I found gorgeous big briskets at a Sam's Club. Otherwise find yourself a decent real butcher to buy from. Isn't it funny that the cheap cuts have become more expensive than the good cuts! Same with beef short ribs and round steak. Cold out today, I would kill for some old fashioned Swiss steaks about now.
It's worth asking the butcher at a supermarket. Sometimes they can special order or let you know when they get stuff. The other option is to corn some other cut of beef. Pork can be corned too. I wonder how well that would work with pork loin.
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Old 09-16-2013, 03:06 PM   #47
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Originally Posted by Raspberrymocha55 View Post
Tenderloins are wonderful, so moist and tender with or without marinades! Loin and chops on the other hand are a last resort for my family. Can't brine them as I am salt sensitive and would rather not stroke out. We prefer shoulder/butt roasts and steaks. They are so tender and flavorful no matter what one does with or to them. Good thing there are so many different cuts to a hog! Speaking of which, gotta call my butcher and see when his next sale on whole hogs will be. He makes the best sausage and we have the hams made into cutlets. We buy 1-2 hogs a year depending on size. Wish we could find a person to trade our loins and chops for steaks and shoulder/butts. Then we'd have the perfect pig!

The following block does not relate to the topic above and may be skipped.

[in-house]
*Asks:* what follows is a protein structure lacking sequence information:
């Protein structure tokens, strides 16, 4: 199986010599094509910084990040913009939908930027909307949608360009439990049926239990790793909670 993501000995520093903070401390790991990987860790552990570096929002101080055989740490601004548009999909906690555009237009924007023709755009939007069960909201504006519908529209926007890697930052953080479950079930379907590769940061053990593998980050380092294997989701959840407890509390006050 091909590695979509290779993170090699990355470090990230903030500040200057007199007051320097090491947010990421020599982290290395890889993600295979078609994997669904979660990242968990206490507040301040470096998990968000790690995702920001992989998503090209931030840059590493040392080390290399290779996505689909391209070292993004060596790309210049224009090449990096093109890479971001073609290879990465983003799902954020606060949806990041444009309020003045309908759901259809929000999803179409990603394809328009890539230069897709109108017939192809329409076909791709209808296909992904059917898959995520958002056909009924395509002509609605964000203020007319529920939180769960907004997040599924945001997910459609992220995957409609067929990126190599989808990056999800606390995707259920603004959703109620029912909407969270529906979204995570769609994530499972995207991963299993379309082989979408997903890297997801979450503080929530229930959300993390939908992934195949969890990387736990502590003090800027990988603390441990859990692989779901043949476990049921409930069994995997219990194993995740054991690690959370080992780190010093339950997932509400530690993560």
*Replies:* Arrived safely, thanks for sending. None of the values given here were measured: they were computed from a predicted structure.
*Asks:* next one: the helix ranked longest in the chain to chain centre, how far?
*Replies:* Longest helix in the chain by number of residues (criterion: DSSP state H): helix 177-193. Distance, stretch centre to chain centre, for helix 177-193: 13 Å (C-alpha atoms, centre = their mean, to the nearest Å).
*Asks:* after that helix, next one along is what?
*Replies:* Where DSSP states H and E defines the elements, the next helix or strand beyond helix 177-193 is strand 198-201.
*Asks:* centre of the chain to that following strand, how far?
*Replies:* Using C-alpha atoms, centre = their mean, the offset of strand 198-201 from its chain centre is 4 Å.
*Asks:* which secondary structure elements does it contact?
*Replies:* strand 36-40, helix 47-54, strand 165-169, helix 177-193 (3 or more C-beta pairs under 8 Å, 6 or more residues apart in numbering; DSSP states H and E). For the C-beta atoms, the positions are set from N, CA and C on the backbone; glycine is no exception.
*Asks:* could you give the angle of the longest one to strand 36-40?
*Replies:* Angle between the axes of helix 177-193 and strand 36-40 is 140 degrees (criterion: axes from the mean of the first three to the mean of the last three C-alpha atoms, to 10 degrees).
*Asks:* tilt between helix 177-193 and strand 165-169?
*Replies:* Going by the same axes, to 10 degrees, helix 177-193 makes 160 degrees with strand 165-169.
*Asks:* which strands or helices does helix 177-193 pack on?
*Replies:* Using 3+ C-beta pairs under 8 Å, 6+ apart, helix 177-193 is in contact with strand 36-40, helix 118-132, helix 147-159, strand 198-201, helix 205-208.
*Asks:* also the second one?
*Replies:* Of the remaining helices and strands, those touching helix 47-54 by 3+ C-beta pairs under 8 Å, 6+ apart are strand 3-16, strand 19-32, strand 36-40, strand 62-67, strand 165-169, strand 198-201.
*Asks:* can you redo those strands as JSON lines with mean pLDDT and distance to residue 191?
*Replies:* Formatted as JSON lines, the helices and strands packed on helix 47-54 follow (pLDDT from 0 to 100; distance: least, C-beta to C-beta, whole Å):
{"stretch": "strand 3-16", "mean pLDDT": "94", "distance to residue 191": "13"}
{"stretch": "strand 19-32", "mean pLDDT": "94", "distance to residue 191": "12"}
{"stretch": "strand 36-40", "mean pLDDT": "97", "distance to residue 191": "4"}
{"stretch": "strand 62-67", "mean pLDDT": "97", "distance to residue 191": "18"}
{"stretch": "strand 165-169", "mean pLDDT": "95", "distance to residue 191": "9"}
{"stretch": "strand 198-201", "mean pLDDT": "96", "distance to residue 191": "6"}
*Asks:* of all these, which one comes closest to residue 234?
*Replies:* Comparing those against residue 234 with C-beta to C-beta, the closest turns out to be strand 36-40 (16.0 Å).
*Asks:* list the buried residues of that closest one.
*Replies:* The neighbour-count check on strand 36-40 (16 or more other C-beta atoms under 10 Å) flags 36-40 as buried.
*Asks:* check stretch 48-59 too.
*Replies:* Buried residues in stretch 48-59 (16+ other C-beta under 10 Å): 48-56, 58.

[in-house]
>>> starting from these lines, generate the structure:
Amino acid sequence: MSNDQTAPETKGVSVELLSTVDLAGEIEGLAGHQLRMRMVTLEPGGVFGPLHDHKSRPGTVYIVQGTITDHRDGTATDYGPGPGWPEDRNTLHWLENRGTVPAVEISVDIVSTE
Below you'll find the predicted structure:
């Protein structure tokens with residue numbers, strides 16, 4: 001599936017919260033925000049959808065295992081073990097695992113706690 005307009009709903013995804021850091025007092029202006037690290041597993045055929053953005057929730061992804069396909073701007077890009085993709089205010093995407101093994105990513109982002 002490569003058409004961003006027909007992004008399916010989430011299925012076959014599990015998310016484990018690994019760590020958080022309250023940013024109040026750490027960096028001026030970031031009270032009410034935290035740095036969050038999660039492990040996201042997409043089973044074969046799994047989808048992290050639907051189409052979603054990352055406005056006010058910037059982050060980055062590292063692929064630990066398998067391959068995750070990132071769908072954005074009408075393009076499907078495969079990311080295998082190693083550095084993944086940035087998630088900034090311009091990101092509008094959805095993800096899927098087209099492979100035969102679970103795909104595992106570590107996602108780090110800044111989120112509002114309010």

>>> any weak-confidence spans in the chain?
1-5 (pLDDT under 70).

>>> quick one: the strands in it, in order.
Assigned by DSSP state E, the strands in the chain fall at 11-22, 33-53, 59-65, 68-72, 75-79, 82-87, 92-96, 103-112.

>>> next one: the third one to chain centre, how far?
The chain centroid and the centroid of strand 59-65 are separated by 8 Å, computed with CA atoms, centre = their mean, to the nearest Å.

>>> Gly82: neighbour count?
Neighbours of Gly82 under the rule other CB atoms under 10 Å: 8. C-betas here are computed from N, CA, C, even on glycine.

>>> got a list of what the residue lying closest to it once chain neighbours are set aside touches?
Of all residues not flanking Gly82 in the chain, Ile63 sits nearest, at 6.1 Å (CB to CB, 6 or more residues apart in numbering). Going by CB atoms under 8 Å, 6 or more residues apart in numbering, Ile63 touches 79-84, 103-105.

That's so funny that my go-to pork cut, the loin chop, is always so tender and juicy. I only started salting them in the last year or so, which makes them even more juicy, because DH has a tendency to overcook them.